These images are not what they seem.

Look first. Well-worn trails undulate over arid rolling terrain. Boulders rise from mirror-still water; tree branches dance against featureless skies. Wind-eroded canyonlands fade into smudged horizons. Only a lonely cross, some widely spaced electrical poles, the careful banking of a road, suggest people have been here before in these dark and moody landscapes.

What are we looking at, exactly? Recent scenes? Something from long ago? These photographs refuse to orient us in time. Some could have been made at the dawn of the photographic age. The black and white tonalities, mottled skies, and out-of-focus forms, all evoke the earliest landscapes from the 1840s and 50s, when photographers struggled to sensitize their daguerrean plates and glass plate negatives in difficult out-of-doors conditions.

Others remind us that the images could have been made only after construction crews arrived to carve the roads and string the electrical wires. That narrows things down only a bit. The photographs could have been made yesterday or 150 years ago.

But my initial reading of these photographs takes me down the wrong path. I imagine myself in the American West here. I think I see the arid canyonlands, the dry hills of the Great Basin, the coastal boulders along the Pacific shore. I feel like I recognize that panoramic view, that landscape shot from a high reference point that proclaims the photographer (and his nation) master of all he surveys.

We see based on what we already know.

But I’m not in the West here. At least not all of the time. It’s my own preconceived ideas about landscapes that take me to that place, and slot these images into a personal archive of familiar visual referents. We see based on what we already know. When I learn that Marcus DeSieno made all of these extraordinary photographs over the past few years, without ever leaving his studio, I have to go back and look again. Knowledge changes how I see. I’ve been asking all the wrong questions.

DeSieno makes these pictures by hacking into surveillance cameras, closed-circuit television feeds and the vast network of open-source web camera feeds on the internet. Easy work, he says. From the comfort of home, he roams the globe, voraciously accessing camera feeds from city councils, tourist bureaus, government agencies, and sources I’m reluctant to ask about. He has now visited more than 15,000 camera feeds. In our global surveillance state, all of us are among the watched – just look around you at the cameras mounted on stop signs, in stores, in museums, in airports. But DeSieno has become a watcher.

His interests undermine the true purposes of the cameras he hacks. He cares nothing about the people whose behavior is ostensibly being surveilled, not the speeders, the vandals, the shoplifters, or the trespassers. He’s not interested in singular moments of human drama, but rather in the vacant and empty landscapes captured more inadvertently by surveillance cameras, as they whir away waiting for something to happen.

We might ask whether “landscape” is even the proper word to characterize the raw image captured on a battery-operated digital camera mounted in a remote spot that operates without human intervention. The very concept of landscape implies human perception, what a particular person might see from a specific point of view, how they might make sense of that scene based on their knowledge, experience and cultural values.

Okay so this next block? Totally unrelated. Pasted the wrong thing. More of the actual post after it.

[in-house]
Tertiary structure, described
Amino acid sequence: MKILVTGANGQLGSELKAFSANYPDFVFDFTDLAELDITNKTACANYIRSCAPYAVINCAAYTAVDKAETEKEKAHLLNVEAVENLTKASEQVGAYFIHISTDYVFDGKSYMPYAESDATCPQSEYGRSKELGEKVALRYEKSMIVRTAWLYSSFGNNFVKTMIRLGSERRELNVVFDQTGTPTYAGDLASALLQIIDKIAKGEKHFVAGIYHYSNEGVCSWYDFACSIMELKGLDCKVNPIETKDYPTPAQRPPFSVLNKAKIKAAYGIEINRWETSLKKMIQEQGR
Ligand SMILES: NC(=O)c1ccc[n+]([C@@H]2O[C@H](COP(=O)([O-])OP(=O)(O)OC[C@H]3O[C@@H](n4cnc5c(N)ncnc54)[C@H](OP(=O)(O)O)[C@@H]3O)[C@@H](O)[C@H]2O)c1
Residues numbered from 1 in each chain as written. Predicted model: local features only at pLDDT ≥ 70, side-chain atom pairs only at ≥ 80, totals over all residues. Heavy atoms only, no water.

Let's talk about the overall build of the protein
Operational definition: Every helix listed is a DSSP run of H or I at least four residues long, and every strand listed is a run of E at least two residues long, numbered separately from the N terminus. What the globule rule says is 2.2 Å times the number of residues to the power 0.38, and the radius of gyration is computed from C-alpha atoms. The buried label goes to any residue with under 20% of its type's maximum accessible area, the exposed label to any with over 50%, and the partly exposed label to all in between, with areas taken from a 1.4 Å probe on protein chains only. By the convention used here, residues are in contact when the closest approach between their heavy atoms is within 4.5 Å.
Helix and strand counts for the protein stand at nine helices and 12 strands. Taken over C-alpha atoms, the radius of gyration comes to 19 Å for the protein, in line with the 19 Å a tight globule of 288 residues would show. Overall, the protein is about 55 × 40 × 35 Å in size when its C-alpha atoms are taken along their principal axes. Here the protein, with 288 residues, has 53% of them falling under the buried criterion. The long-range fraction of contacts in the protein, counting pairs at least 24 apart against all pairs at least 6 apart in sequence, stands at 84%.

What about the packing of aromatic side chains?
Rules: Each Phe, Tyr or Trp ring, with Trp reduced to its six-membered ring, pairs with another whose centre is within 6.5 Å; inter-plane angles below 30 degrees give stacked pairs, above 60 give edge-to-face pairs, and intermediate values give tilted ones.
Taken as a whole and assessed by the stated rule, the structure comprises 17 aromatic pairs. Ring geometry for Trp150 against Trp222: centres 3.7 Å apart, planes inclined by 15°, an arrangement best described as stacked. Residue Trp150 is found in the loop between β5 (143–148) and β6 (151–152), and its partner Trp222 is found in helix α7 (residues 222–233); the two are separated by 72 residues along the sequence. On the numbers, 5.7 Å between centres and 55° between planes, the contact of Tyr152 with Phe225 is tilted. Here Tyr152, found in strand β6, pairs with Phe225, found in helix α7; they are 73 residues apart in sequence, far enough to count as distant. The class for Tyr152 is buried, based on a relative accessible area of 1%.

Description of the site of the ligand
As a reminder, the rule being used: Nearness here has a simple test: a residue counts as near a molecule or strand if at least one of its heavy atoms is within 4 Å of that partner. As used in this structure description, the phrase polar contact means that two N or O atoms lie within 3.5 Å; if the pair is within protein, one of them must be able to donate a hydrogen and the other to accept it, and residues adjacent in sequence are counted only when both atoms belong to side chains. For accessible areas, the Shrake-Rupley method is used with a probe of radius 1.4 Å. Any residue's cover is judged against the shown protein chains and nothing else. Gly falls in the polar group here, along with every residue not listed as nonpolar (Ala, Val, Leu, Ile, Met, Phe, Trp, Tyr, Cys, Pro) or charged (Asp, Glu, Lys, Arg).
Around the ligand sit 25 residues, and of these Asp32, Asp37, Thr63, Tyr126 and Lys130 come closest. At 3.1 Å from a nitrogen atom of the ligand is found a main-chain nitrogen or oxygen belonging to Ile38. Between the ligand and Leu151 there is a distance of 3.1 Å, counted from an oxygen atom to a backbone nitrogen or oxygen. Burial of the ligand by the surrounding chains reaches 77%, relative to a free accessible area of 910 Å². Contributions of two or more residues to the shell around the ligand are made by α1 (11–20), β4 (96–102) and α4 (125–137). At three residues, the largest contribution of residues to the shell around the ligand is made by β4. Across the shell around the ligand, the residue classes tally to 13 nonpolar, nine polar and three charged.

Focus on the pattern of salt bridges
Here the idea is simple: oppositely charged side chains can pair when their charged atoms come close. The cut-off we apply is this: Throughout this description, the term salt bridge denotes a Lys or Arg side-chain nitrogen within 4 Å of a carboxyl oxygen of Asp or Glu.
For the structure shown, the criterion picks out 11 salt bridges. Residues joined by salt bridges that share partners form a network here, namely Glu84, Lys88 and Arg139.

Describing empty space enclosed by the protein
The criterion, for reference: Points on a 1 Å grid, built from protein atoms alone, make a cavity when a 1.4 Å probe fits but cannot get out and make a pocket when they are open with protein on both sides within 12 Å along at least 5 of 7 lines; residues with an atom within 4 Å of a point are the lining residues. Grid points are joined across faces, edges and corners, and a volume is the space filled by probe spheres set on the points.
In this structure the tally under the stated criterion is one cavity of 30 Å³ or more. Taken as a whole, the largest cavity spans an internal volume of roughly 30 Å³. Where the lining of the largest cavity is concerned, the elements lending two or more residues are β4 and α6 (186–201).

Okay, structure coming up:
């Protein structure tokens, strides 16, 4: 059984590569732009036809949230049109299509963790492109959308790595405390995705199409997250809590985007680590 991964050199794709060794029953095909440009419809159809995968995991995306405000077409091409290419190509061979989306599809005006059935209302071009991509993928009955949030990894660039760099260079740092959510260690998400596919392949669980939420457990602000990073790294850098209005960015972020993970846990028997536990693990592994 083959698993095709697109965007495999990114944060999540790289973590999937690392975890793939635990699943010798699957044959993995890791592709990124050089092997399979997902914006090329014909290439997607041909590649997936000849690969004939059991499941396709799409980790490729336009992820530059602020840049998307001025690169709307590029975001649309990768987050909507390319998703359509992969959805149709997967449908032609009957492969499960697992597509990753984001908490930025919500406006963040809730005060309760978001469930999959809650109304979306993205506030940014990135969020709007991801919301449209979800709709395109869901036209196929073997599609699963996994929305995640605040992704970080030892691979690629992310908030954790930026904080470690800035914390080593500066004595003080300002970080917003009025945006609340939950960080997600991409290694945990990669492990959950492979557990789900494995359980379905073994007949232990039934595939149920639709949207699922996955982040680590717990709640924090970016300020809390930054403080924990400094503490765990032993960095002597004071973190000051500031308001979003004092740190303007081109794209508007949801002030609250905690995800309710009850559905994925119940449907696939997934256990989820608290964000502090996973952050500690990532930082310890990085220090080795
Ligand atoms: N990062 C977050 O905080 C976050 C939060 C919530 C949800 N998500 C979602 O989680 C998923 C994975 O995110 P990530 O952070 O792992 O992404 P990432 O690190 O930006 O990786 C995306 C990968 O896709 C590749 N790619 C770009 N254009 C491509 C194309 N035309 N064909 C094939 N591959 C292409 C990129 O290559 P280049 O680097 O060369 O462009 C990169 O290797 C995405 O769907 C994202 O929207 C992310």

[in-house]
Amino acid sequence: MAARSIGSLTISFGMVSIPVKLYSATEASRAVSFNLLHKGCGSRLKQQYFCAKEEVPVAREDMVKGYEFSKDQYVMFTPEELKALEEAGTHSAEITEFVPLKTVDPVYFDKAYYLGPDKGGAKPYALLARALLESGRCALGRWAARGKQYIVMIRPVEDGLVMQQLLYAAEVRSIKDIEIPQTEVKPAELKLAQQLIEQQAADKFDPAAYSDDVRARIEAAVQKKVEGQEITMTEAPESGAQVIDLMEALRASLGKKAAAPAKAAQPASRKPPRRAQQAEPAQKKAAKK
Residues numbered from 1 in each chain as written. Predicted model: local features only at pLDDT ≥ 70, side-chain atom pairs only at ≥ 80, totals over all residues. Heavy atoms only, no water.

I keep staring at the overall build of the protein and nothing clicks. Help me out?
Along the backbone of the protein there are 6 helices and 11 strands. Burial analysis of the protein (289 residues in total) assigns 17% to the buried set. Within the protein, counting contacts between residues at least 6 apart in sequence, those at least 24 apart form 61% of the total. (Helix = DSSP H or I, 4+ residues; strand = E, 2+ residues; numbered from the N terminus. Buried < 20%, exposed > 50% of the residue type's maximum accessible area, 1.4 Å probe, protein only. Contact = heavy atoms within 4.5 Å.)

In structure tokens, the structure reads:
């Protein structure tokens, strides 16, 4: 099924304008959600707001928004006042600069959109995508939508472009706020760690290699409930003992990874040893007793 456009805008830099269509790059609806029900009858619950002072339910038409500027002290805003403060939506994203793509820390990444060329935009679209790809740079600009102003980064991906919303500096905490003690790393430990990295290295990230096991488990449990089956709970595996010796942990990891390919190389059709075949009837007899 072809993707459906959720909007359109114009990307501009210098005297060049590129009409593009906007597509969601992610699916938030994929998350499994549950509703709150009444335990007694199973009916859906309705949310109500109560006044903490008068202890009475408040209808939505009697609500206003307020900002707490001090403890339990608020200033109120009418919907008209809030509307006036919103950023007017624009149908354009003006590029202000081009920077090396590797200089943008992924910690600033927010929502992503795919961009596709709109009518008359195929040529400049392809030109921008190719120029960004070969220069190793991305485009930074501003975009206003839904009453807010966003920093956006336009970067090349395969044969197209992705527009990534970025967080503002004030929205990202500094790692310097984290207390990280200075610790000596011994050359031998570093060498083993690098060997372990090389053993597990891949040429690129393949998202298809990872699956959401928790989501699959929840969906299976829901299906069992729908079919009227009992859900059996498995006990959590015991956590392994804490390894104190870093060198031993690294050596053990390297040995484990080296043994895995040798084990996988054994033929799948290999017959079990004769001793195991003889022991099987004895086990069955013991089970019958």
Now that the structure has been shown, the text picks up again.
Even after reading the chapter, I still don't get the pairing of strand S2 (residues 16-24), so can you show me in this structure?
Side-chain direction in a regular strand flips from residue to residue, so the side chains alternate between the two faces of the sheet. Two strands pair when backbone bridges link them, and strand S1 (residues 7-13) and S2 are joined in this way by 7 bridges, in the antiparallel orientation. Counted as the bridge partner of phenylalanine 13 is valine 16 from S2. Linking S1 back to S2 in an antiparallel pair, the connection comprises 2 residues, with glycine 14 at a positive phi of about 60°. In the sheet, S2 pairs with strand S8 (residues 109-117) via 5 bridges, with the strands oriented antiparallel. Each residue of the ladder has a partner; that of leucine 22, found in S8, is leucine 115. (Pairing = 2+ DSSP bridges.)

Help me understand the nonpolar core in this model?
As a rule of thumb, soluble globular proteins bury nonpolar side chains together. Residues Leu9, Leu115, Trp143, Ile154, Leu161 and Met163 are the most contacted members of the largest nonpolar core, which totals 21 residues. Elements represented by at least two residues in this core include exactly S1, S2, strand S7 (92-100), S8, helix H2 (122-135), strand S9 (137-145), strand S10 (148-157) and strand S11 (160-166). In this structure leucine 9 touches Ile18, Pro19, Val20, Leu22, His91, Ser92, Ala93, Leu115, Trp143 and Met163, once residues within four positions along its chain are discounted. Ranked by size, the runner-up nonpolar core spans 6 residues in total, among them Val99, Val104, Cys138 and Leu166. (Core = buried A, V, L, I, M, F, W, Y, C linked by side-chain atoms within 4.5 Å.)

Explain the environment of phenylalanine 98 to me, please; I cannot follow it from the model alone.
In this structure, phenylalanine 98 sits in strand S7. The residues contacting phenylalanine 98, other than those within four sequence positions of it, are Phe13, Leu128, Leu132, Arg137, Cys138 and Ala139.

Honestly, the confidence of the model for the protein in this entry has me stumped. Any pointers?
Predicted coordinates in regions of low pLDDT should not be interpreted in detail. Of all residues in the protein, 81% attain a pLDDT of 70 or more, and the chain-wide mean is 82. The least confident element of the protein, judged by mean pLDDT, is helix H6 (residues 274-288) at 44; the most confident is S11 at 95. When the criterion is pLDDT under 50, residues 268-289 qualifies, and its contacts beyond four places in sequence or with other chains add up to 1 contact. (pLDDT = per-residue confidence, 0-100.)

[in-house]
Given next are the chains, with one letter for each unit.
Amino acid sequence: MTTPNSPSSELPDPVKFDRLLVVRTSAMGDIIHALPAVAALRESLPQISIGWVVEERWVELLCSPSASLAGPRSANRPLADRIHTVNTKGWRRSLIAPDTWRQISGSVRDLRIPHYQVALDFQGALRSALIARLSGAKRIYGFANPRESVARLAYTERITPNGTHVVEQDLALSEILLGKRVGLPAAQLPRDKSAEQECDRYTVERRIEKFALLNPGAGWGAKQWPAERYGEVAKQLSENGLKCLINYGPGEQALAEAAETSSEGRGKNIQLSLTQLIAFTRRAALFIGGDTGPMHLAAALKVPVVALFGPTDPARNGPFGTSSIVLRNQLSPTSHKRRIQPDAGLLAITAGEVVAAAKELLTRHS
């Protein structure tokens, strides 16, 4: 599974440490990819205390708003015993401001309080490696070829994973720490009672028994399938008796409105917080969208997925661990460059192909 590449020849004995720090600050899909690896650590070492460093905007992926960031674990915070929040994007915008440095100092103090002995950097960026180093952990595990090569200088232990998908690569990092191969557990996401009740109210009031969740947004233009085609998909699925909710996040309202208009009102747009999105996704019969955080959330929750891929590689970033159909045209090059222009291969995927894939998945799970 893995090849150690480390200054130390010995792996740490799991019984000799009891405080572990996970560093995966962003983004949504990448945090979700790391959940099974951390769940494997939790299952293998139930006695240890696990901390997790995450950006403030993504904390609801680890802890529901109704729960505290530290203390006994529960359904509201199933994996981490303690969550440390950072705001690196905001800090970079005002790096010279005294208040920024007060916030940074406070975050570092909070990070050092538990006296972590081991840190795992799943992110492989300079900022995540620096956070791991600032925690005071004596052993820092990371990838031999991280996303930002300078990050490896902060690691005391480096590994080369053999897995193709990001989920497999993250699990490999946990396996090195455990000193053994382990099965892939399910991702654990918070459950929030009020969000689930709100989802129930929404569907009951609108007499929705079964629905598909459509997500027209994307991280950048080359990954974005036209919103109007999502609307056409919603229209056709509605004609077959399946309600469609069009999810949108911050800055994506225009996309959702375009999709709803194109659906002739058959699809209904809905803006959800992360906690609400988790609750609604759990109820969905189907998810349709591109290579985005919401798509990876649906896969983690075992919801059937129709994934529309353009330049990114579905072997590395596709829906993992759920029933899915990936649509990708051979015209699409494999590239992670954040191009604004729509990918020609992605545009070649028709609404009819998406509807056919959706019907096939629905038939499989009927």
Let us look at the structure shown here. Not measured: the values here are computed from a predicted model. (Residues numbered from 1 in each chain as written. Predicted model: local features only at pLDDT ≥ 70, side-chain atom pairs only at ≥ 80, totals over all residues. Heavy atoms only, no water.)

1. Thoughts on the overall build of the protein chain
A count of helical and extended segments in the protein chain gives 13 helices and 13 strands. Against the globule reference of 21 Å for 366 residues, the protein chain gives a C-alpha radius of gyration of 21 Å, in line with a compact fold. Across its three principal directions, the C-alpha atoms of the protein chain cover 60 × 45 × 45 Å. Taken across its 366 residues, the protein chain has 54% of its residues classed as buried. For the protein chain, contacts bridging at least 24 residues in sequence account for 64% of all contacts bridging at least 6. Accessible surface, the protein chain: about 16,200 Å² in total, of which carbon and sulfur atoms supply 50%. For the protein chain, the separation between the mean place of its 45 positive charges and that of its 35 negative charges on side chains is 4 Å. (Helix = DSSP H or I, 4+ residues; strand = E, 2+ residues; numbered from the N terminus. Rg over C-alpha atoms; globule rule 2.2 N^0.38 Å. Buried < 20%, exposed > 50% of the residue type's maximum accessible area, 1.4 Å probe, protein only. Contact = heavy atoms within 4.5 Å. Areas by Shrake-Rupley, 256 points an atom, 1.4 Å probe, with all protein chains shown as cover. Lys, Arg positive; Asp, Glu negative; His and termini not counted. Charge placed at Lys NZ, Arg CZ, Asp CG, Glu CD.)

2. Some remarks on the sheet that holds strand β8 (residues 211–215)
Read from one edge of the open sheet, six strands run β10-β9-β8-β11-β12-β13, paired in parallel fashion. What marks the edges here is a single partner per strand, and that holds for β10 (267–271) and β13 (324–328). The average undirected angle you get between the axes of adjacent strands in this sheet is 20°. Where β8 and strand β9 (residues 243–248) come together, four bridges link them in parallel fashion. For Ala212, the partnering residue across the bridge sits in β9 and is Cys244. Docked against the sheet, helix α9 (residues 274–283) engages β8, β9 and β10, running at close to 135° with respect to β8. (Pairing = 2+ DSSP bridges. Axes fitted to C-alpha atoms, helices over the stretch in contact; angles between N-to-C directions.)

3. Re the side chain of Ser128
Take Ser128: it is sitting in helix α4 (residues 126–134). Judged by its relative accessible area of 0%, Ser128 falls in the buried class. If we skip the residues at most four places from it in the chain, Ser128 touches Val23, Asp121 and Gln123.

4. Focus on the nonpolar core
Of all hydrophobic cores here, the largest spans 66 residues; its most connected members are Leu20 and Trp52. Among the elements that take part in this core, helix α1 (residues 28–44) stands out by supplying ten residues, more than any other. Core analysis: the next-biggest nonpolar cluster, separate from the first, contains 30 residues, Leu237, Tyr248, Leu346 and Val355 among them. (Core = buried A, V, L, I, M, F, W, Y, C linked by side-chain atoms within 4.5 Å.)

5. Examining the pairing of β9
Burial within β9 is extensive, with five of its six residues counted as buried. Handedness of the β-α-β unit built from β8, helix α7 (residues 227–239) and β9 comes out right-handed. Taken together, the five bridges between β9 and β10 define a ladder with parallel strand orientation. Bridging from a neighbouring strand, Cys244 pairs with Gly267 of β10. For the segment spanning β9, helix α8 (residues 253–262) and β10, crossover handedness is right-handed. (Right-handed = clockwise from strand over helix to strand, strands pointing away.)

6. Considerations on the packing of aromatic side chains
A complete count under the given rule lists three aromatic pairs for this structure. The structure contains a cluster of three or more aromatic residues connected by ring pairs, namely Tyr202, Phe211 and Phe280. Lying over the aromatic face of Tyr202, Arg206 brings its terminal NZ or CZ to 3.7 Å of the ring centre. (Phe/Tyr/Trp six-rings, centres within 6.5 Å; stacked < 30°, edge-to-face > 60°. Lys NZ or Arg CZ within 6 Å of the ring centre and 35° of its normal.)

So perhaps what the mechanically operated cameras capture cannot be termed landscapes. But the digital images become landscapes when DeSieno singles them out and looks at them anew from a quirky perspective of his own.

Although he starts as a picker, DeSieno eventually becomes more like a curator or archivist

The genius here lays not in taking the photograph in the first place, but in spotting it after it has already been made, selecting it from among hundreds of thousands of other surveillance images generated in precisely the same way. Although he starts as a picker, DeSieno eventually becomes more like a curator or archivist, sifting through thousands of screen shots, searching for images that best suit his needs.

He may not be taking the photographs, but he is thinking like a photographer when he makes his visual selections based on the aesthetic composition of the image, on how the images will work together, and on what raises interesting questions about the very meaning of landscape photography.

Read the rest of Martha A. Sandweiss’s essay in Marcus DeSieno’s new book No Man’s Land. Now available for purchase at Daylight Books.

Marcus DeSieno

Marcus DeSieno is a lens-based artist who is interested in how the advancement of visual technology continually changes and mediates our understanding of the world. DeSieno’s work has been exhibited nationally and internationally at the Aperture Foundation, the International Center for Photography, Center for Fine Art Photography, and many more.

Martha A. Sandweiss

Martha A. Sandweiss is a historian of the United States, with particular interests in the history of the American West, visual culture, and public history. She received her Ph.D. in History from Yale University and began her career as a photography curator at the Amon Carter Museum in Ft. Worth, TX. She later taught American Studies and History at Amherst College for twenty years before joining the Princeton faculty in 2009.